Around this time of year, floral wreaths become synonymous with the Christmas season, often placed on doors and windows as a sign of holiday cheer. But on Dec. 10, the wreath served as a symbol of respect for thousands of men and women who died serving in the Armed Services.

On Saturday, thousands of volunteers across the country placed wreaths on the graves of veterans as part of Wreaths Across America, a nonprofit organization founded in 1992. This army of volunteers included married redditors Chris and Ruby, who laid about 30 wreaths at Sacramento Valley National Cemetery in Dixon, Calif.

“It was a really nice way to spend a morning,” said Chris, 30, who declined to give his last name.  “I was raised in a family that [taught] to respect military personnel, to respect the sacrifice they made for this country. You go out of your way to do nice things for them.”

While laying down his wreaths, Chris noticed an 80-something year old man walking from grave to grave. He was wearing a WWII veterans baseball cap. The man would stop at a headstone, place a wreath in front of it and address the fallen soldier with a salute.

“He could barely walk but he was out there at the crack of dawn doing this. That was really something,” reflected Chris, whose grandfathers both served in the military.

Chris posted a photo of his wife carrying a wreath on Reddit where dozens of people thanked him and his wife for volunteering.

“I'm a 34 y/o son of a WW2 vet who was on the USS Wasp CV7 when it was sunk by the Japanese in the Coral Sea. He died 5 years ago. Much respect for laying wreaths!” wrote Sherlock_HolmesCat.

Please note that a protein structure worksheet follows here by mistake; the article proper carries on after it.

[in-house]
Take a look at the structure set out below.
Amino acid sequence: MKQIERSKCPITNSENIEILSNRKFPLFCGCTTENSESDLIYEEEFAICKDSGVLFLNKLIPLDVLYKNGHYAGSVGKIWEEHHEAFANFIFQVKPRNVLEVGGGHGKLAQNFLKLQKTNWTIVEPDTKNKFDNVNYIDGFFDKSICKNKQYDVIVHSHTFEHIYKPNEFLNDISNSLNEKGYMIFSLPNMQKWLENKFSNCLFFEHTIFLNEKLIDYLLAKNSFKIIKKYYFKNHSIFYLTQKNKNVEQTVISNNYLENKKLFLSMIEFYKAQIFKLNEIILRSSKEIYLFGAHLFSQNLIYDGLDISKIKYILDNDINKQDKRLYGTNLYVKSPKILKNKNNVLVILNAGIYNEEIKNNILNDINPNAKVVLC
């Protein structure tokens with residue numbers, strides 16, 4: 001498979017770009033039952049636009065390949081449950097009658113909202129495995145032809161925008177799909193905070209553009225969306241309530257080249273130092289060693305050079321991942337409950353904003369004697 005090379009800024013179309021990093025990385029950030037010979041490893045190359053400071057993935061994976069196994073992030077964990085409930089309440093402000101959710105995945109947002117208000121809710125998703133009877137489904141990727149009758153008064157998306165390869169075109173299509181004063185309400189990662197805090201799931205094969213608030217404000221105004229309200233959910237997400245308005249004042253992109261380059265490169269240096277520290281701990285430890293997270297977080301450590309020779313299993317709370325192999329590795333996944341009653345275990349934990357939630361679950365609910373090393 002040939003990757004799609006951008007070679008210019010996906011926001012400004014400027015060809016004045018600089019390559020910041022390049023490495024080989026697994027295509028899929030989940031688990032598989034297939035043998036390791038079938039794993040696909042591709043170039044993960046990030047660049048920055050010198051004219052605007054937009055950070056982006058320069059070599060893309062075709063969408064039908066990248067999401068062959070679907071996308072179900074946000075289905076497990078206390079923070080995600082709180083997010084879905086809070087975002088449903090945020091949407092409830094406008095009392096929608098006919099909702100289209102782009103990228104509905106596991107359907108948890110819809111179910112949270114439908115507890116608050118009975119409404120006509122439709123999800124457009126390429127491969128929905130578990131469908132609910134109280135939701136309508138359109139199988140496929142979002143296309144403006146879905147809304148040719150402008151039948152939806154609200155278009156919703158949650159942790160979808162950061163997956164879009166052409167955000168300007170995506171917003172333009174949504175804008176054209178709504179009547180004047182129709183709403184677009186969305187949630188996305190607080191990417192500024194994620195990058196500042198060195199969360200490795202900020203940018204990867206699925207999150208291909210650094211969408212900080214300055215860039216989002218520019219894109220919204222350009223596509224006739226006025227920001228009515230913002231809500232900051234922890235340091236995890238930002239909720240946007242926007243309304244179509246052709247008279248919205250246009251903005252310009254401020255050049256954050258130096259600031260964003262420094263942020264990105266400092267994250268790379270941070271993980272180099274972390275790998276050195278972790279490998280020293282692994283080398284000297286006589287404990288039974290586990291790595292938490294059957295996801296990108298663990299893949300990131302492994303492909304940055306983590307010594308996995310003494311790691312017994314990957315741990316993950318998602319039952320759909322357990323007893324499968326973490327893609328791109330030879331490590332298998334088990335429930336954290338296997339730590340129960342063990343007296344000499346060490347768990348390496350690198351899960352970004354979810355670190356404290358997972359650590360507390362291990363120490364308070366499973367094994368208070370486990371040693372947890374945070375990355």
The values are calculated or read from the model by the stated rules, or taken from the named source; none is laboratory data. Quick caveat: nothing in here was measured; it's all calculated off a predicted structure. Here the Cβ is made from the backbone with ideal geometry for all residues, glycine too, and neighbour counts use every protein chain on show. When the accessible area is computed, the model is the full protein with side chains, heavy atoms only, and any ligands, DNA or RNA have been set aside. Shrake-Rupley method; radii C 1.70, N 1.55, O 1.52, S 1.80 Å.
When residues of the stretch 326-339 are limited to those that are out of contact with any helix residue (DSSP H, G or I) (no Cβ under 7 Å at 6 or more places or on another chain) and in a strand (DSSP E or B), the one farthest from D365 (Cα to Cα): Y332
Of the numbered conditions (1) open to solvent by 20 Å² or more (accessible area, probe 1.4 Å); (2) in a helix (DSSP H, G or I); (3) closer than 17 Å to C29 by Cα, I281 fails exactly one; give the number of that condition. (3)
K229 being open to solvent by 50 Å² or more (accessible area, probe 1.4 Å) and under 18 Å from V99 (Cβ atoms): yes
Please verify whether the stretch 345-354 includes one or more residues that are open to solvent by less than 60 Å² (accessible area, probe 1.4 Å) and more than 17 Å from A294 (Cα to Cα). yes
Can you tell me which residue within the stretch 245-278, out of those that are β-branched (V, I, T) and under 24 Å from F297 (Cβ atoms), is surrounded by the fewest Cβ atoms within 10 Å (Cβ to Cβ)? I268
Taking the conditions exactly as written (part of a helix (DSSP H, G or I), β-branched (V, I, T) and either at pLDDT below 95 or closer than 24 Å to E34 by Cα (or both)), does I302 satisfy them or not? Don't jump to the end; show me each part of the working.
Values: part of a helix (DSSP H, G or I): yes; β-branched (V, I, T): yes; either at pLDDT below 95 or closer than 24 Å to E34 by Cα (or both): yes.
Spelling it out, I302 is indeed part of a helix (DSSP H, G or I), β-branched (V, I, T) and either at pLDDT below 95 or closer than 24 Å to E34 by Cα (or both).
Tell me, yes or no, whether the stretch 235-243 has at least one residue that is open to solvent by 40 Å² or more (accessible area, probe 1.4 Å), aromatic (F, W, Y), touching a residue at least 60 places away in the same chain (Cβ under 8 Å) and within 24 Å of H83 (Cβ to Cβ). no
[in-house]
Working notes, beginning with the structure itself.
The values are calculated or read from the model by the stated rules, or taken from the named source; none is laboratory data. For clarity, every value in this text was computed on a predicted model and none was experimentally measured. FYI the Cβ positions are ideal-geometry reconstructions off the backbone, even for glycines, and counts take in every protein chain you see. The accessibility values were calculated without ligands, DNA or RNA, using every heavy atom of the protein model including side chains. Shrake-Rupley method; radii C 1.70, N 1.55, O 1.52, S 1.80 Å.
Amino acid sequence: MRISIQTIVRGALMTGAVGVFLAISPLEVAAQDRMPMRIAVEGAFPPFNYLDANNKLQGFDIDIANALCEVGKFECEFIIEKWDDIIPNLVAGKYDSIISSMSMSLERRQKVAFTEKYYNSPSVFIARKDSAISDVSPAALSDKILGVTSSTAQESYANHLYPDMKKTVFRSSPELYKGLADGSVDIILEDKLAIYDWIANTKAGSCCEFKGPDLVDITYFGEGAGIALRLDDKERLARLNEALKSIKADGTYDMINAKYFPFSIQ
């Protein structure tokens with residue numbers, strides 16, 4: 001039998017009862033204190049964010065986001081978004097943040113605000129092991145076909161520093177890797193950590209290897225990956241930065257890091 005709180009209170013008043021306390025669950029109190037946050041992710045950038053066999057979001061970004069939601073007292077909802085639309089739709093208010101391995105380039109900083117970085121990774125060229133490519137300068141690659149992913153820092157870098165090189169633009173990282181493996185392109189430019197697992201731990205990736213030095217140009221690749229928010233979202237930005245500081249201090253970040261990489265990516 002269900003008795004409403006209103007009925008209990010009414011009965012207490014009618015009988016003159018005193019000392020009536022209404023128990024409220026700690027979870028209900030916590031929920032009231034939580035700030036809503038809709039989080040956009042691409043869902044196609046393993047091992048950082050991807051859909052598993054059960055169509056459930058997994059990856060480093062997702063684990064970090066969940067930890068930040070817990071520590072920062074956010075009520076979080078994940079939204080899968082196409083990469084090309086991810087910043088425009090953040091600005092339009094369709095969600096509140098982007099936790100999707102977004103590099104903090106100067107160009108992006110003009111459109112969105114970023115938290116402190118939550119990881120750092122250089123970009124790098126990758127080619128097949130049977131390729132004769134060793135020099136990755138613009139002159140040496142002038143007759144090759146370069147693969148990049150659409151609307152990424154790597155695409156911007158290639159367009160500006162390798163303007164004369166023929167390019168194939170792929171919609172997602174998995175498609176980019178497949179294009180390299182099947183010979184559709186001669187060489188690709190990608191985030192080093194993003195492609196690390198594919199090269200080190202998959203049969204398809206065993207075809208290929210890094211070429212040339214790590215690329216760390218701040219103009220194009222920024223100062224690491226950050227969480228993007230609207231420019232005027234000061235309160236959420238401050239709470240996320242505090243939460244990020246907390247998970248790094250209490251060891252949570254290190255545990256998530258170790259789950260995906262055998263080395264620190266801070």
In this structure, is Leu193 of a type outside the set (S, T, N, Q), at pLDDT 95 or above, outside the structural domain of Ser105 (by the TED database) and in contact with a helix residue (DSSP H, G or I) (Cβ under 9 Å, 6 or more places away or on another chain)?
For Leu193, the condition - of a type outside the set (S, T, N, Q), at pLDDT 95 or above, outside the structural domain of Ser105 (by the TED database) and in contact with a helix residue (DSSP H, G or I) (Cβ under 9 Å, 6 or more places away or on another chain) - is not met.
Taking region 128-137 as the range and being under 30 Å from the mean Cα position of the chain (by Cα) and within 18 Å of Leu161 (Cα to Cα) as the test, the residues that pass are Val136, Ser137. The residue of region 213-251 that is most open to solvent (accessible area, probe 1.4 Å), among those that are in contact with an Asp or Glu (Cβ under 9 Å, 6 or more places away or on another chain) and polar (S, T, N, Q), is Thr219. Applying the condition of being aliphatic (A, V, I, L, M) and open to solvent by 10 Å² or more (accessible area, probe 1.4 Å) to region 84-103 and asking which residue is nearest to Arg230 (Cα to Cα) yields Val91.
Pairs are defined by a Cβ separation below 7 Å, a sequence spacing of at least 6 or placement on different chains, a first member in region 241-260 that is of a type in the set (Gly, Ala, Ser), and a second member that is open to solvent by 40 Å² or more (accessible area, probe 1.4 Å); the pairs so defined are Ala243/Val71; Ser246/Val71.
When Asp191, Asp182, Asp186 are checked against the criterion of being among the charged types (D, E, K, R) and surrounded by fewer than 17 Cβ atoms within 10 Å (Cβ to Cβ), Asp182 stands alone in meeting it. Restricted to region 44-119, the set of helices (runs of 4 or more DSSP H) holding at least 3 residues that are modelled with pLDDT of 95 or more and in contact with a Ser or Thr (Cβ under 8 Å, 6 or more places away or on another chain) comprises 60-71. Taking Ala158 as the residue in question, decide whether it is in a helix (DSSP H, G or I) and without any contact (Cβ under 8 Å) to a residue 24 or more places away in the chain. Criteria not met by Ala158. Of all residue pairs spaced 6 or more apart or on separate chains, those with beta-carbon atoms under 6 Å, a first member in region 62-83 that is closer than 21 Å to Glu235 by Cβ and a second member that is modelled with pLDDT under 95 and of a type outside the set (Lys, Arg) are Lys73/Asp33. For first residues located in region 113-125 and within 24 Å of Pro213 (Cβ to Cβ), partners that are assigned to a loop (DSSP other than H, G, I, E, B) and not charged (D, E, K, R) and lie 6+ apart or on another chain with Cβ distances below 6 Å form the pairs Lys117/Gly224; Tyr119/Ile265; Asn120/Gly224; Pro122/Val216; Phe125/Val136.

“My father is buried in the Georgia National Cemetery. He only enlisted in the navy to avoid being drafted into something more dangerous during Vietnam. He was a wonderful man and an amazing father. He passed 2 years ago this September from cancer and this cemetery buried him for free,” wrote IvoryLeola. “I now live in Florida and I cannot make it to visit him every Christmas. When I found out about this program I was highly grateful for these people who were able to give something to my father to beautify his grave in my absence. Once again, thank you. You guys are great.”

But for almost every positive compliment made in the thread, there was a negative one from redditors accusing Chris of “karma whoring,” the controversial practice of posting frivolous content on Reddit to gain easy Reddit karma—the site’s internal scoring mechanism.

“Does anyone else find it pretty disgusting that they're karma-whoring this so much?,” wrote bitofadick.

Comments like that led Chris, who owns a transportation comapny, to remove his reddit account from the post. He said didn’t want it to “spiral out of control and produce a lot of negative press.”

“I like Reddit, but people like to cause controversy. Everybody in that thread who was being negative, I don’t think I read a single one of them,” Chris said. “Honestly, I don’t care about what people on Reddit think. If they want to say that this is not a good program of that we did it for karma or whatever. I think that is a laughable notion that people in the real world do things specifically to acquire karma on Reddit.”

For Chris, participating in Wreaths Across America is simply about giving something back to those who served their country proudly, just like the elderly man he across that day in the cememtary.

“If he was out there,” he said, “there is no reason why some young, able-bodied, can’t be out there as well.”

Photo by Chris